You can pick them out of a crowd: Q-tippers stand in the question line with a huge wooden horse laden with treasured bits of wisdom in tow. Their words are sugar coated but malicious, as though they spill from the sweet tea stained lips of a Napoleonic southern belle who might use kindness instead of the French army to overtake the world. Matlock would object to their leading questions, but he’s not at your presentation, so the onus is on you to handle them.
To diffuse the situation, you have to understand the nature of Q-tipping. Before you ever walked into the room, the Q-tippers were incredulous: it should have been an internal speaker, they think, and they have themselves in mind. If you are internal, it’s worse. They’ve seen your work enough to judge you more intimately. They have enough courage to critique you in public, but not enough to do it openly.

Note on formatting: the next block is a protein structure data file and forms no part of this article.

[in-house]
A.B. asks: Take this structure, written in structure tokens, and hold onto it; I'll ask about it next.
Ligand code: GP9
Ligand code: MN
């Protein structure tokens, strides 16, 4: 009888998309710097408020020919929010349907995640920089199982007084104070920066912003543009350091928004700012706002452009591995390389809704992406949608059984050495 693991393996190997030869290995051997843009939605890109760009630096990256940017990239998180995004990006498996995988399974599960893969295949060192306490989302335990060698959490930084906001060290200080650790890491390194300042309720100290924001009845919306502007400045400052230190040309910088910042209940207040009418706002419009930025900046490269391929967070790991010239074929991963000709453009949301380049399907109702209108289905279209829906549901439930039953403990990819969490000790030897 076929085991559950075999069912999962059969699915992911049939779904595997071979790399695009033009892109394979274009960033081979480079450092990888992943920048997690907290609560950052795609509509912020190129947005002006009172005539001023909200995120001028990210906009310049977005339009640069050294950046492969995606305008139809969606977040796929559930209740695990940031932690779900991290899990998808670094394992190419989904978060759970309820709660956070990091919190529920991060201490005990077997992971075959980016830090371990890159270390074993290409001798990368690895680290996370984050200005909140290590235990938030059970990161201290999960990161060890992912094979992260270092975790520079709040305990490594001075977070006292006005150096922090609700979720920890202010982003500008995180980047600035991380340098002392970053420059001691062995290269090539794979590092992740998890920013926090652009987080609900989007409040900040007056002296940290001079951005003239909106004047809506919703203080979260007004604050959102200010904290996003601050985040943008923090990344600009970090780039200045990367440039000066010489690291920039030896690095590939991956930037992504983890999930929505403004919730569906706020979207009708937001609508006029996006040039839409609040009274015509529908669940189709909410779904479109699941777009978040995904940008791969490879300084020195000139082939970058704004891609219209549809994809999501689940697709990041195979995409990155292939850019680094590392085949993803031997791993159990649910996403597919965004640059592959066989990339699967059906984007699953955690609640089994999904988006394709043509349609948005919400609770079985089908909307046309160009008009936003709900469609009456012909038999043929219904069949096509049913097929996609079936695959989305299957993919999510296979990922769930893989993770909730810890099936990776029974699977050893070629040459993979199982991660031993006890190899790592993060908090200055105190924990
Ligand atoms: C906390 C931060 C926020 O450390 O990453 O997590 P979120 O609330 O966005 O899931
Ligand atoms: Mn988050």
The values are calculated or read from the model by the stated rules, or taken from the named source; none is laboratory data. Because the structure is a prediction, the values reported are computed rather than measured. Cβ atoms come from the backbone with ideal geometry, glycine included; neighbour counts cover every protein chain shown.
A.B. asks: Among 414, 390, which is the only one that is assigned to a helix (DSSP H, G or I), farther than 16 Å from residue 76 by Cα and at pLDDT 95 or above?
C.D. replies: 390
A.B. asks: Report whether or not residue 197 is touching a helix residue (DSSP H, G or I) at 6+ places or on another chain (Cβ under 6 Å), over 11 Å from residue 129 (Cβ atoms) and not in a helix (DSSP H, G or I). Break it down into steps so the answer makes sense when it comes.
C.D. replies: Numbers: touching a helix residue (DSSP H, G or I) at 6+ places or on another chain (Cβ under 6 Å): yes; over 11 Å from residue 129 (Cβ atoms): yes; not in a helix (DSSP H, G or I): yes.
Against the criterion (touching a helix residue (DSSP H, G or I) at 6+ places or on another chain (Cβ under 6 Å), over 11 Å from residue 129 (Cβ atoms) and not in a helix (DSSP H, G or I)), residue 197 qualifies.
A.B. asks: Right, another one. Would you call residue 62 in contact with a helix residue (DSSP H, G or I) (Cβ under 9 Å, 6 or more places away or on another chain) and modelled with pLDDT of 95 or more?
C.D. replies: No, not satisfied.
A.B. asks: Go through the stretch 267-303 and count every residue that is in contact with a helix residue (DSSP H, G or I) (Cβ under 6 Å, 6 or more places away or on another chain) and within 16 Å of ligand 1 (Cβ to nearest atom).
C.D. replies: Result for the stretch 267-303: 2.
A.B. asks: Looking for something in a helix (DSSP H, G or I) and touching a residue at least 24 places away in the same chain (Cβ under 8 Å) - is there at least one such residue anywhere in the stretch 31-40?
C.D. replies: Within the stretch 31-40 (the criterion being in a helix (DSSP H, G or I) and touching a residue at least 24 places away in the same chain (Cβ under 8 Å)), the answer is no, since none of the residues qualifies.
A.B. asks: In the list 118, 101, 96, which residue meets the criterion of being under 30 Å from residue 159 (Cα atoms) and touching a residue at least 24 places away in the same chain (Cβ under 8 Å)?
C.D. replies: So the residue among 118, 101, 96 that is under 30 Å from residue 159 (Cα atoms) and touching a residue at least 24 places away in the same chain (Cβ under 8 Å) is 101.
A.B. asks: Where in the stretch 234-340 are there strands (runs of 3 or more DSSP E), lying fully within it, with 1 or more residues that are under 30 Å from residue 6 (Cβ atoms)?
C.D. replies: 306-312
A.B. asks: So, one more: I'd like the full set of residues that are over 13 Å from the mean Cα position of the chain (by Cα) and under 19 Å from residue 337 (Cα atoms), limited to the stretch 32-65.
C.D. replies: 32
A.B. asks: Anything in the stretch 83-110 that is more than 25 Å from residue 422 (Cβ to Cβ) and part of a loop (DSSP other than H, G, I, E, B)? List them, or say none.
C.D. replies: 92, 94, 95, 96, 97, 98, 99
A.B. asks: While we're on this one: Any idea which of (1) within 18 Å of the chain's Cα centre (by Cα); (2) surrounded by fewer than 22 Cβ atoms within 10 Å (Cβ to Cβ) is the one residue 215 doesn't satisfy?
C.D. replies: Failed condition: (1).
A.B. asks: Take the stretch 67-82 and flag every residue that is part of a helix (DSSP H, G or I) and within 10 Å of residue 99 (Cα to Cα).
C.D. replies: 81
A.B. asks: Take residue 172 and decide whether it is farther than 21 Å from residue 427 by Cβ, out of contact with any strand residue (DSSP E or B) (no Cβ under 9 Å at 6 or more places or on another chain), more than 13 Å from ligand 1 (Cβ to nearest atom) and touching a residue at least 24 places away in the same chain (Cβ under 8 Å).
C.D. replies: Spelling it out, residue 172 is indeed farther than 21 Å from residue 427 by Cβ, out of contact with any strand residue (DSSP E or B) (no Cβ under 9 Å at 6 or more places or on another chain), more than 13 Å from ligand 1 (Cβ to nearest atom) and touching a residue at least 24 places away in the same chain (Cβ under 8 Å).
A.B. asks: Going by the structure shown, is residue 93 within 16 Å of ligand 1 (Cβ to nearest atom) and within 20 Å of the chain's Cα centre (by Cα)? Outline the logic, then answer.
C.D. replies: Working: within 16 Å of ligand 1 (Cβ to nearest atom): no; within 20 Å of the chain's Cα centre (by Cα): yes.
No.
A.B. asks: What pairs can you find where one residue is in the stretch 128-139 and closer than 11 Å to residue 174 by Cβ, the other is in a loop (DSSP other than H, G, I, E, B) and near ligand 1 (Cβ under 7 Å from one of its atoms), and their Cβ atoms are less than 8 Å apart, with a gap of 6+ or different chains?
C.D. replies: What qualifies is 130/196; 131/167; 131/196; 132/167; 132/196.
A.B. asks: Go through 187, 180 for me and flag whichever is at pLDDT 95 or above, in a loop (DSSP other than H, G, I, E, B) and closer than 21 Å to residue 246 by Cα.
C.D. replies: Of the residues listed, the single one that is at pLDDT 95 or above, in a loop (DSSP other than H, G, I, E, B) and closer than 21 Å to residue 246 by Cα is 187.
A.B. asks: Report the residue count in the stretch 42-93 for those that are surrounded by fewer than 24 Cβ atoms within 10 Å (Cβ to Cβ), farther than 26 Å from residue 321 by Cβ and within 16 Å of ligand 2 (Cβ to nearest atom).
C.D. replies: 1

And that’s just it: Q-tippers are annoyingly meek, in an assertive kind of way. They use the Trojan horse method because they don’t want to come off as rude while they are being rude. But, their questions are thinly veiled at best: “Don’t you think…” and, “Wouldn’t it be better…” are popular phrases across Q-tip culture. Worst of all, just like the little cotton-tipped dumbbells, Q-tips come in packs of 500 or more. Open their bag of goodies and you’ve lost control of the Q&A, one of the most valuable parts of any presentation.
Just remember: beneath that innocent visage lies a bitter, vindictive soul. But that doesn’t mean you come off righteous if you crush them. They know everything anyway. If you’ve taken 100 businesses from the courthouse steps to profitability, they’ve read 101 case studies about how to do it better. Disengagement is your best bet. Thank them for their input, and quickly press on.
The Takeaway: Keep cool, and keep your business before you. If you wanted audience feedback, you would distribute an anonymous survey at the end.
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